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Remaking «Family» Communicatively

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Edited By Leslie A. Baxter

Demographers have repeatedly confirmed that the nuclear family is on the decline. Yet when Americans are asked about their ideal family, the nuclear family emerges as the most valued kind of family. Members of families that do not match this cultural ideal face a discursive burden to legitimate their identity as a «family.»
This volume gathers together communication scholars who are working on the many kinds of alternative family forms, from, among others, grandfamilies, diasporic immigrant families, and military families to in (voluntarily) childless families and stepfamilies.
The organizing question for the volume focuses on resistance, reconstruction, and resilience: how is it that alternatives to the traditional family are constructed and sustained through communicative practices? Several chapters adopt a global perspective, thereby framing the issue of legitimation of «family» in a broader cultural context.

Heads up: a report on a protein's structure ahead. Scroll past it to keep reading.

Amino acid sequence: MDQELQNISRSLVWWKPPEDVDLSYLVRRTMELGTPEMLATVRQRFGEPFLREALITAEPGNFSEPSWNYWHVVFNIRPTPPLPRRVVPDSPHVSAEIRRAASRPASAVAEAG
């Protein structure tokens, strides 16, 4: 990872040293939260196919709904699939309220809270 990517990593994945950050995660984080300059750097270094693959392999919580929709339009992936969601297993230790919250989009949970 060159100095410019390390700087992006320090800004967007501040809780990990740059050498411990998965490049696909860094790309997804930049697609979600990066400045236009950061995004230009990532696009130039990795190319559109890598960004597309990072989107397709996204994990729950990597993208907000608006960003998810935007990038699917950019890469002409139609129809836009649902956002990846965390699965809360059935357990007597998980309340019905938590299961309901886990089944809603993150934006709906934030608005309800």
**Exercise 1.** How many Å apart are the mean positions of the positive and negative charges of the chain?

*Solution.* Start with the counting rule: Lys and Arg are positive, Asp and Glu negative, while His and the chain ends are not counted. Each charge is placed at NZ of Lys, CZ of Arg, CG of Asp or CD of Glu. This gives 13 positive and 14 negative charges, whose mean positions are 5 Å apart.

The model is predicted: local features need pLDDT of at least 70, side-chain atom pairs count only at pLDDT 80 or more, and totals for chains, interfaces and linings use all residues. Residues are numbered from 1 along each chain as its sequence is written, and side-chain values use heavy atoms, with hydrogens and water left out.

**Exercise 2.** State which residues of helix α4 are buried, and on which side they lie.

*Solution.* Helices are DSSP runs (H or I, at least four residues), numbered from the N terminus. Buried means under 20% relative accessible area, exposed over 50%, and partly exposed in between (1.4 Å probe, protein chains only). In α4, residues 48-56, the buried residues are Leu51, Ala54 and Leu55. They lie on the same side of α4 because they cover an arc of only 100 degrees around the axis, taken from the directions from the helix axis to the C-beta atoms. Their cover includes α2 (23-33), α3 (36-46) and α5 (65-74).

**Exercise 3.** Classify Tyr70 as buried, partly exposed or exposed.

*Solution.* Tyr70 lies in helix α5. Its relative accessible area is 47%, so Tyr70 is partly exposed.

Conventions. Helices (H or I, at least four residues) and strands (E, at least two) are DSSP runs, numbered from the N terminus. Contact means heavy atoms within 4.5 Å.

None of the family forms described in this volume meets the ideological «gold standard” of the nuclear family, and in this sense they all represent a remaking of the family in profound ways.
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About the author(s)/editor(s)

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Leslie A. Baxter (Ph.D., University of Oregon), is Collegiate Fellow and Professor of Communication Studies at the University of Iowa. She received the 2007 Bernard J. Brommel Award for outstanding scholarship in family communication from the National Communication Association (NCA) as well as the 2011 Family Communication Division Outstanding Book Award, among others. In 2008 she was given NCA’s highest honor by being named an NCA Distinguished Scholar.

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